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Drug information

POM
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Last updated: 13 Apr 2022

Summary of product characteristics


1. Name of the medicinal product

Neozipine XL 60 mg Prolonged-Release Tablets.


2. Qualitative and quantitative composition

Each prolonged release tablet contains 60 mg nifedipine.

Excipients with known effect:

Each tablet contains 30mg Lactose monohydrate

For a full list of excipients, see section 6.1.


3. Pharmaceutical form

Prolonged-release tablets.

Round, biconvex tablets with a pale red colour.


4.1. Therapeutic indications

For the prophylaxis of chronic stable angina pectoris as monotherapy or in combination with a beta-blocker.

For the treatment of all grades of hypertension.


4.2. Posology and method of administration

Method of administration

Oral use.

The tablets should be swallowed wholewith a glass of water, either with or without food . The tablets should be taken at approximately 24-hour intervals, i.e., at the same time each day,preferably during the morning. Neozepine XL tablets must be swallowed whole; under no circumstances should they be bitten, chewed or broken up.

Neozepine XL should not be taken with grapefruit juice (see section 4.5).

Posology

In mild to moderate hypertension, the recommended initial dose is one 20 mg tablet once-daily. In severe hypertension, the recommended initial dose is one 30 mg tablet once-daily. If necessary, the dosage can be increased according to individual requirements up to a maximum of 90 mg once-daily.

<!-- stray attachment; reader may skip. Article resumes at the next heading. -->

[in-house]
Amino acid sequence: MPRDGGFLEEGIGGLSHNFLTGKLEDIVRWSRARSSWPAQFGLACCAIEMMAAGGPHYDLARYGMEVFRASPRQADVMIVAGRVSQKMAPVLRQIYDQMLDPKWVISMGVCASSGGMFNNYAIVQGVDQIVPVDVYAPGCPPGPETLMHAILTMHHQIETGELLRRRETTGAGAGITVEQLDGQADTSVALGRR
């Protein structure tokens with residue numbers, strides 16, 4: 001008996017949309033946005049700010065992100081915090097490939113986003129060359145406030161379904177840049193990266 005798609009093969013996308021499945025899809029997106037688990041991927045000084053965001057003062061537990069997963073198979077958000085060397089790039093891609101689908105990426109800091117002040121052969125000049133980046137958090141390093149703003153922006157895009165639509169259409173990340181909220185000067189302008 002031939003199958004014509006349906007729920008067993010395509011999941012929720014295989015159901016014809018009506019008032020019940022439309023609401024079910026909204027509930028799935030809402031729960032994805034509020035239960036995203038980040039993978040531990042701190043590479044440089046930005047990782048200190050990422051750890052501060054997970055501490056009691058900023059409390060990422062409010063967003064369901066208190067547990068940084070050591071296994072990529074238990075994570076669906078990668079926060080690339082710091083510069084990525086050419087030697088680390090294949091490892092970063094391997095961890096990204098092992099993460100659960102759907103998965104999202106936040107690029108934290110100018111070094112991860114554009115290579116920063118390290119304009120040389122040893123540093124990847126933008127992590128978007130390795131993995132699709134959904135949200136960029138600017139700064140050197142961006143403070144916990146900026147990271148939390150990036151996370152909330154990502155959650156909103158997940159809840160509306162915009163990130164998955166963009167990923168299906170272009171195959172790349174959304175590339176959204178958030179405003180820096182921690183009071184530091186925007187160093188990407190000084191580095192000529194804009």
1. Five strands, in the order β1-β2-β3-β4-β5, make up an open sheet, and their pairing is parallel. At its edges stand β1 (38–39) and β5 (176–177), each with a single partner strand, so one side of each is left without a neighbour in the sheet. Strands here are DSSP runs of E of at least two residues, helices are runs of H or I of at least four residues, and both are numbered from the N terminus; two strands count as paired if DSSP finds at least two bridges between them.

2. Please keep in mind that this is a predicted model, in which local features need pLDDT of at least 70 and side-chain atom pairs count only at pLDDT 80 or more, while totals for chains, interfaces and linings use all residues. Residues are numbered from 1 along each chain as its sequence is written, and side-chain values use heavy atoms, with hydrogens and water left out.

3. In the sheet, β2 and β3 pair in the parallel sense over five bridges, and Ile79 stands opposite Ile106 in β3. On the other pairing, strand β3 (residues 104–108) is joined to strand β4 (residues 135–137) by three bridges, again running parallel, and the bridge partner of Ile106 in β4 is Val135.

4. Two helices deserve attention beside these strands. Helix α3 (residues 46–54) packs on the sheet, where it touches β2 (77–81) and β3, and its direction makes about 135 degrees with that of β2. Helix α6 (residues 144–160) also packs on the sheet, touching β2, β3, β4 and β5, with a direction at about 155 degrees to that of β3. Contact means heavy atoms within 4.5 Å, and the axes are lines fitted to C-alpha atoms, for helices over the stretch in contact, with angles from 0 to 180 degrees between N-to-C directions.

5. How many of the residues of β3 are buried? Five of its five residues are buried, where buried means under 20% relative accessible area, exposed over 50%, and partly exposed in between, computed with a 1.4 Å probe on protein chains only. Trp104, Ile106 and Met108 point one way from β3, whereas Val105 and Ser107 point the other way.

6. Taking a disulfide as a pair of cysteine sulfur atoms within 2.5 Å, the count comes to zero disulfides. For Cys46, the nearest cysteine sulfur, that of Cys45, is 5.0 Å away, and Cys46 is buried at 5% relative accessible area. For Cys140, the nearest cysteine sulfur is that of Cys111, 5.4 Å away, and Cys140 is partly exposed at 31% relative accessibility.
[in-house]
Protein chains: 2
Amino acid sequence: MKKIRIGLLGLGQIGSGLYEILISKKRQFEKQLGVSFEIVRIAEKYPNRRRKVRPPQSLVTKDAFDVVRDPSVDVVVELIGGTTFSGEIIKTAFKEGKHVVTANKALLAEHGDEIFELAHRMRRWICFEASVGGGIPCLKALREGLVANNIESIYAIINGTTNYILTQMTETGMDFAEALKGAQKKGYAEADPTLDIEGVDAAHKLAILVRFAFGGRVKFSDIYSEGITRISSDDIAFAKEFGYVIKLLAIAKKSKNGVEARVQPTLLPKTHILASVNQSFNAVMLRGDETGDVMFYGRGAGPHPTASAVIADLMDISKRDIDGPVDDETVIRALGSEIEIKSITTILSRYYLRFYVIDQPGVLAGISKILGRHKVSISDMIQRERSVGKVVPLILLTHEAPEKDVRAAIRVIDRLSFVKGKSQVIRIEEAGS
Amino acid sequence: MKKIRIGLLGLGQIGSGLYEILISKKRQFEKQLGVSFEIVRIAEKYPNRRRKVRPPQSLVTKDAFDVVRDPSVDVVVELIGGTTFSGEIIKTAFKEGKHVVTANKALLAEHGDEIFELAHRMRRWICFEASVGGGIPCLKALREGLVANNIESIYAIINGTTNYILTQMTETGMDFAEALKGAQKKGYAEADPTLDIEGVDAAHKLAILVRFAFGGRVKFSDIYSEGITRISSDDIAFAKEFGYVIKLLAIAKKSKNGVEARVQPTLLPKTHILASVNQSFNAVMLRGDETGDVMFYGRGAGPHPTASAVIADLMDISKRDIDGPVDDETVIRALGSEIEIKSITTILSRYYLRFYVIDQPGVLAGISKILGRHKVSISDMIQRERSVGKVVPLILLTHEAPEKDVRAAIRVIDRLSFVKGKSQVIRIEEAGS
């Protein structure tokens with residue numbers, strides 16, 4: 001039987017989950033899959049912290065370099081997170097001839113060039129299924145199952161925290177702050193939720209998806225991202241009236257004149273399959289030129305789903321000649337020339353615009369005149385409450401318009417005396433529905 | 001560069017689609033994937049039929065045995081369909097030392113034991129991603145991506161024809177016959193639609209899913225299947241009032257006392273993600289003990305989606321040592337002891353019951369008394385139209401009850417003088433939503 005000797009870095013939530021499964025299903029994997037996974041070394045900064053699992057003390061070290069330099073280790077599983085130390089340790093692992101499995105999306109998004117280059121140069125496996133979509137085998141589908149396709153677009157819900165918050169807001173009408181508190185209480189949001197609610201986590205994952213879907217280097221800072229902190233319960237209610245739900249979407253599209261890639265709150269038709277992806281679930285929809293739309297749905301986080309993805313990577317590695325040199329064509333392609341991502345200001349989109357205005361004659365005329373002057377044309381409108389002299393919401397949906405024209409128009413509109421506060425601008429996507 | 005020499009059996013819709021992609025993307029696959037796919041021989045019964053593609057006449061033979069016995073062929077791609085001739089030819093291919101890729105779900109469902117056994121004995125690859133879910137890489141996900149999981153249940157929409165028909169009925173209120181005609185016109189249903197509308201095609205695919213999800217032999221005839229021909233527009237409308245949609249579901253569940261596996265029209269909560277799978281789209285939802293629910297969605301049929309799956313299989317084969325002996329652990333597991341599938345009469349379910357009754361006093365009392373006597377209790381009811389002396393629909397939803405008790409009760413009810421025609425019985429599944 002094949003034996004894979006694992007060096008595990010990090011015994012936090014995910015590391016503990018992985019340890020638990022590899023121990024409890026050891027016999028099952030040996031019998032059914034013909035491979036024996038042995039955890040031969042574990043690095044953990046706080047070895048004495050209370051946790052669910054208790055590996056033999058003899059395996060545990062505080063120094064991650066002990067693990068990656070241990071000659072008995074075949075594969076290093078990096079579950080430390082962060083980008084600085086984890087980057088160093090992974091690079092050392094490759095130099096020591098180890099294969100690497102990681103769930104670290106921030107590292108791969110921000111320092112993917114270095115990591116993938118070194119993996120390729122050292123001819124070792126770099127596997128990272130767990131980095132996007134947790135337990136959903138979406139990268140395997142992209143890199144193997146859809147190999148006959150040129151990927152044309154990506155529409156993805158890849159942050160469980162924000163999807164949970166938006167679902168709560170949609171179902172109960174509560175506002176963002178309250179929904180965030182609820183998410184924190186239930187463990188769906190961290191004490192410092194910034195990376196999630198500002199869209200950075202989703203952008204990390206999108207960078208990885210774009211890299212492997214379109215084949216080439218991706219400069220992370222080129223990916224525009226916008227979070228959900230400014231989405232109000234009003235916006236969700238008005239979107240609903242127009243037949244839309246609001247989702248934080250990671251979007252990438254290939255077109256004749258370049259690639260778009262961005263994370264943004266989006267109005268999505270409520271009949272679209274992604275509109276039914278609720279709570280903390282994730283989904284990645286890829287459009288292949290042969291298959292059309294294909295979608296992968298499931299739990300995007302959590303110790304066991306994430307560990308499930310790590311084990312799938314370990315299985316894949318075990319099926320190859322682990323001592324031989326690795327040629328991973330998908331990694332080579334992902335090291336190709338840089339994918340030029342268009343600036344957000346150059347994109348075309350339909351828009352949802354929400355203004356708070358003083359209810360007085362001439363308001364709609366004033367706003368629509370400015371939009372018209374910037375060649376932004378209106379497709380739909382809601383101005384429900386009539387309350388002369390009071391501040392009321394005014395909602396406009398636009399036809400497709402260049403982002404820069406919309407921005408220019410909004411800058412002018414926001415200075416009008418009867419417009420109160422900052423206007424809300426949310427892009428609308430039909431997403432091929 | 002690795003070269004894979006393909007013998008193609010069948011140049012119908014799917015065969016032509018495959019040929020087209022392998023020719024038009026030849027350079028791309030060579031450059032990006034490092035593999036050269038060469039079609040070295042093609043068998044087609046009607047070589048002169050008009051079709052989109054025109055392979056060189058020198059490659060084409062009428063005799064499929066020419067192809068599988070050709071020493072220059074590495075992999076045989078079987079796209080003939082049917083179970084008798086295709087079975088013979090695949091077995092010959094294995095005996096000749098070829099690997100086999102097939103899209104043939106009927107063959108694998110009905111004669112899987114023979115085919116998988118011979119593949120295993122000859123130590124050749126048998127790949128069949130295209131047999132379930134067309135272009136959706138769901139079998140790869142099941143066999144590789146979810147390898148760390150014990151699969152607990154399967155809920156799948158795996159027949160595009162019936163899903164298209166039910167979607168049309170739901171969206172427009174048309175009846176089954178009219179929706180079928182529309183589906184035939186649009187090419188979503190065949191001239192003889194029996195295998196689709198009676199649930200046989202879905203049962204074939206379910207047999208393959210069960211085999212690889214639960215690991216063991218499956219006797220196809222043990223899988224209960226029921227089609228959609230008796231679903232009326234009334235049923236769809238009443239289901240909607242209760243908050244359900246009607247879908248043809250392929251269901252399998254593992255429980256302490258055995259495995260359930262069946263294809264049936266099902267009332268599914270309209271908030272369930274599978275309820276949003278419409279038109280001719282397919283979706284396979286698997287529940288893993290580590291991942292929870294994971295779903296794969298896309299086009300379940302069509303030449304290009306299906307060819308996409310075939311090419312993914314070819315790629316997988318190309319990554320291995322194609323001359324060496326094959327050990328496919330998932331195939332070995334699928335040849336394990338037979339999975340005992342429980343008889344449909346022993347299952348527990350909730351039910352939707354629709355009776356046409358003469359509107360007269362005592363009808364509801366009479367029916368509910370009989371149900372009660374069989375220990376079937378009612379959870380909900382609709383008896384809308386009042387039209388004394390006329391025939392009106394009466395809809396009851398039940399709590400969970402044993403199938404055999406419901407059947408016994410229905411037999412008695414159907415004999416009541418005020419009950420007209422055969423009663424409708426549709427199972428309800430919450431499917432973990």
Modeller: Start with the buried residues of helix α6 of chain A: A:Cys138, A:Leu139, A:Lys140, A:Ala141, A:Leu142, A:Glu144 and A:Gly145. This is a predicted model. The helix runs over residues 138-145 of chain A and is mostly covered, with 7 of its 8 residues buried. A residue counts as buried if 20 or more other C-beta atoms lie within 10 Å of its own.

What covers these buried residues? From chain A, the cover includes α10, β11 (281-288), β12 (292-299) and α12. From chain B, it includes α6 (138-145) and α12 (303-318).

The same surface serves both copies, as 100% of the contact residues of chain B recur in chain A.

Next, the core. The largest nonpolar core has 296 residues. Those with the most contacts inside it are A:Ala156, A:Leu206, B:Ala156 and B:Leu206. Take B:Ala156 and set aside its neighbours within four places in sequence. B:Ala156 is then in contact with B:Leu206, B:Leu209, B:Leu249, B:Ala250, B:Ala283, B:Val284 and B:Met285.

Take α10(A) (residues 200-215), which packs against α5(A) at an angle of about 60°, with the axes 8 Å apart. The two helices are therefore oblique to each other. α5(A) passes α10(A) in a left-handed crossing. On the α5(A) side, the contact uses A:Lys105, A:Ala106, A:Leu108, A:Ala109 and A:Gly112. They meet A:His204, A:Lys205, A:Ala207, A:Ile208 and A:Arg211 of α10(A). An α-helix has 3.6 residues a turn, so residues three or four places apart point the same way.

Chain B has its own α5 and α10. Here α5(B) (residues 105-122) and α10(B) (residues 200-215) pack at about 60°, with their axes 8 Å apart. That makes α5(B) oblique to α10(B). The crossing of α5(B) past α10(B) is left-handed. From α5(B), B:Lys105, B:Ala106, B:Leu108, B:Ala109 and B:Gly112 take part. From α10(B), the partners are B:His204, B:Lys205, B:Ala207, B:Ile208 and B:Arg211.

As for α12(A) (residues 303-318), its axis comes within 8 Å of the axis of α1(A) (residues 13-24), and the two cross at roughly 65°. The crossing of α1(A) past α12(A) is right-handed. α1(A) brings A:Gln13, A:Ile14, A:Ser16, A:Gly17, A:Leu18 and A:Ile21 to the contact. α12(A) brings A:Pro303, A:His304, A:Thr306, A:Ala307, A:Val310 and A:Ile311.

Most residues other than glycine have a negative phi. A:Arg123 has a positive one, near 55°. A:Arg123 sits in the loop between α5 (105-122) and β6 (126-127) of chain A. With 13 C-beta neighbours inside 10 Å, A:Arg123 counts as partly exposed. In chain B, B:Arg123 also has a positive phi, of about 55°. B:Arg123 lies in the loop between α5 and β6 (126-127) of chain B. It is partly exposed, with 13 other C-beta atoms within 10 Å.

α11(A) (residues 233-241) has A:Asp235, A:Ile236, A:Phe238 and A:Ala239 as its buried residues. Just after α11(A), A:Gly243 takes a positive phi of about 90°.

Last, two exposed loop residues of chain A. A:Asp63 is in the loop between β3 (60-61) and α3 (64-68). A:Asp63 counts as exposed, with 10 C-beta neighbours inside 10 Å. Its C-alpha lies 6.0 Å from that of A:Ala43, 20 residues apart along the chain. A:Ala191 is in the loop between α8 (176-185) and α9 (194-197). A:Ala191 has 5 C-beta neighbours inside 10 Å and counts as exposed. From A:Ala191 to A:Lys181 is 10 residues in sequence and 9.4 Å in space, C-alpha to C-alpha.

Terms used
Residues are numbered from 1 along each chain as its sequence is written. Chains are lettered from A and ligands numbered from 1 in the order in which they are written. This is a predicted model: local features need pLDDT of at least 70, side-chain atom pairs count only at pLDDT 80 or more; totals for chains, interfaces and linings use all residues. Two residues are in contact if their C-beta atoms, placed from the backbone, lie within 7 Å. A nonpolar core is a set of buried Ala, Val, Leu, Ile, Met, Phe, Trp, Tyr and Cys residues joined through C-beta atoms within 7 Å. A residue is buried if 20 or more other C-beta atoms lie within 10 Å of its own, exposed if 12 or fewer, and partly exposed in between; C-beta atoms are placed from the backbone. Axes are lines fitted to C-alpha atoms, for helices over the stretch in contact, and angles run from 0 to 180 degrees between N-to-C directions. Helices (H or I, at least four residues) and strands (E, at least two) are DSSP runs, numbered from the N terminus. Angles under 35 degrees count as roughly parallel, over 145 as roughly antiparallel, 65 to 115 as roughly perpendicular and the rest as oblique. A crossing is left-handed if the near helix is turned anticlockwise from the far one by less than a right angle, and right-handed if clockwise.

For the prophylaxis of angina pectoris, the recommended initial dose is one 30 mg tablet once-daily. The dosage can be increased according to individual requirements up to a maximum of 90 mg once-daily.

Patients in whom hypertension or anginal symptoms are controlled: Prophylactic antianginal efficacy is maintained when patients are switched from other calcium antagonists such as diltiazem or verapamil to Adalat LA. Patients switched from other calcium antagonists should initiate therapy at the recommended initial dose of 30 mg Adalat LA once-daily. Subsequent titration to a higher dose may be initiated as warranted clinically.

Co-administration with CYP 3A4 inhibitors or CYP 3A4 inducers may result in the recommendation to adapt the nifedipine dose or not to use nifedipine at all (see section 4.5).

Duration of treatment

Treatment may be continued indefinitely.

Additional information on special populations

Elderly (>65 years)

Based on pharmacokinetic data for Neozipine XL no dose adaptation in elderly people above 65 years in necessary

Renal impairment:

Based on pharmacokinetic data, no dosage adjustments is required in patients with renal impairment(see section 5.2).

Paediatric population

The safety and efficacy of nifedipine in children under the age 18 years have not been established.

Currently available data for the use of nifedipine in hypertension are described in section 5.1


4.3. Contraindications

Neozipine XL should not be administered to patients with known hypersensitivity to the active substance, or to other dihydropyridines because of the theoretical risk of cross-reactivity, or to any of the excipients listed in sections 4.4 and 6.1.

Neozipine should not be used in cases of cardiogenic shock, clinically significant aortic stenosis, unstable angina, or during or within one month of a myocardial infarction.

Neozipine XL should not be used for the treatment of acute attacks of angina.

The safety of Neozipine XL in malignant hypertension has not been established.

Neozipine XL should not be used for secondary prevention of myocardial infarction.

Owing to the duration of action of the formulation, Neozipine XL should not be administered to patients with hepatic impairment.

Neozipine XL should not be administered to patients with a history of gastro-intestinal obstruction, oesophageal obstruction, or any degree of decreased lumen diameter of the gastro-intestinal tract.